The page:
The purpose of benchmarking is to help an organization understand their operations by comparing to their own year over year results, industry standards and/or competitors. No business ever compares exactly the same because they are all different in some way(s). The point of benchmarking is to understand the differences from competition, leverage strengths, minimize weakness and outperform competition.
The focus of conversation around benchmarking should be continuous improvement and excellence in everything a business impacts: profit, people, and planet. The purpose of a business is to make money. People are a business’s most important resource plus tribally owned enterprises operate like family owned businesses where unhappy employees often generate negative political pressure. Taking care of the planet is a universal value but often more pronounced in tribally owned enterprises because environmental stewardship is a core community value.
Industry reports and market study are two ways to set benchmarking. Any type of business can be benchmarked. It is important to choose benchmarks that are useful in helping an organization conduct meaningful conversation from board of directors, management, and general employees. Example:
Forest Products Average dollars per million board feet
Convenience Stores Revenue per square foot
Fish Processing Percentage of gross revenue paid to fishermen
Percentage net income after operations
A common stumbling block in benchmarking often occurs when management resists benchmarking by saying “we are different and here is why.” This is natural reaction but a wise organization will collectively-push past this objection and become better. It is helpful when an organization (board of directors and management) admits they are entering new territory and support each as they drive forward-together.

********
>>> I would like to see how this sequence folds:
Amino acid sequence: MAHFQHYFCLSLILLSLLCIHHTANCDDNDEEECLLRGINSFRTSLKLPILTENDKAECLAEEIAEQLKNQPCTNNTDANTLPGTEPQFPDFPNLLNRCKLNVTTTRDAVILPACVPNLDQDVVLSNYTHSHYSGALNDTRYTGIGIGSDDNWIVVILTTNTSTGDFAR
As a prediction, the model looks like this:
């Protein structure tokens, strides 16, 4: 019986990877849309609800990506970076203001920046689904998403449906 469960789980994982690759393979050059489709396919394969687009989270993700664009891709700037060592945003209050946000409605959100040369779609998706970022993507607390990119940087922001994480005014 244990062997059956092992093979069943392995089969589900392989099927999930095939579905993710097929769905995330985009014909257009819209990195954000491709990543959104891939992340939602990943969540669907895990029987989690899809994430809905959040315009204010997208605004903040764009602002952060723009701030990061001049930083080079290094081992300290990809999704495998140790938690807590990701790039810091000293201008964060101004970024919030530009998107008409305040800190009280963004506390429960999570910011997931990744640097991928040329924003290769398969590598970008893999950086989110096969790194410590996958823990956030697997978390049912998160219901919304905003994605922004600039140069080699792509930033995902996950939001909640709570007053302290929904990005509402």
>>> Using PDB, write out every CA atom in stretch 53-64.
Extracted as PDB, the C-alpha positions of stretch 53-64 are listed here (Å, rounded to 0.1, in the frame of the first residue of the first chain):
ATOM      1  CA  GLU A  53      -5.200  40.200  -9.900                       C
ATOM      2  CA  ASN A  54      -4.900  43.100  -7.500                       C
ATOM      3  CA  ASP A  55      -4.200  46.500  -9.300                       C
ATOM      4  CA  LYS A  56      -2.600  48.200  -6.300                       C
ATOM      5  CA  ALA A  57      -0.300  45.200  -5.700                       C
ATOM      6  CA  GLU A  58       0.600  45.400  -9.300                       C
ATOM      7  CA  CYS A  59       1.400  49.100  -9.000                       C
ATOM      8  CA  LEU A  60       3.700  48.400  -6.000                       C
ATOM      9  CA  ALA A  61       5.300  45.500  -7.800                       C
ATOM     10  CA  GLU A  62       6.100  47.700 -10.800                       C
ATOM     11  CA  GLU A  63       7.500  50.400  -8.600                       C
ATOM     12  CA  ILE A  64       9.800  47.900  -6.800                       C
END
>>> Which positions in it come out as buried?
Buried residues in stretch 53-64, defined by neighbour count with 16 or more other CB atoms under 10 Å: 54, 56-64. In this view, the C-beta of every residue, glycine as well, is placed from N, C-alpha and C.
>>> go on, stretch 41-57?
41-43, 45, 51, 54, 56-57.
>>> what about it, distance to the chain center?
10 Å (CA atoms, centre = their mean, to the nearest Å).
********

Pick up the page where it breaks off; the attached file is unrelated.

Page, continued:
Risk exists when a board of directors is unclear with management about the balance of outcomes: profit, people, and planet. The important thing to remember is balance. Take for example the message an enterprise board of directors who communicate to their management team of convenience store operators:
- Make profit
- Generate tax revenue for the Tribe to support government services to benefit the people
- Reinvest profit into people (Tribal and non-Tribal) through training and employment advancement
- Do no harm to the environment
A convenience store’s annual business plan may include a revenue-per-square-foot benchmark where the store can compare their ratio to the general convenience store market. This benchmark is a tool. If management concentrated on selling coffee at $3* of profit per transaction instead of cartons of cigarettes at $30* then the ratio would likely compare less-well and then there would be an opportunity to educate management on his or her focus to sell the higher gross profit margin product (*The numbers supplied are hypothetical and for comparative purposes). Benchmarking is one of a toolbox-full of best practices an organization can perform to maximize outcomes in profit, people, & planet.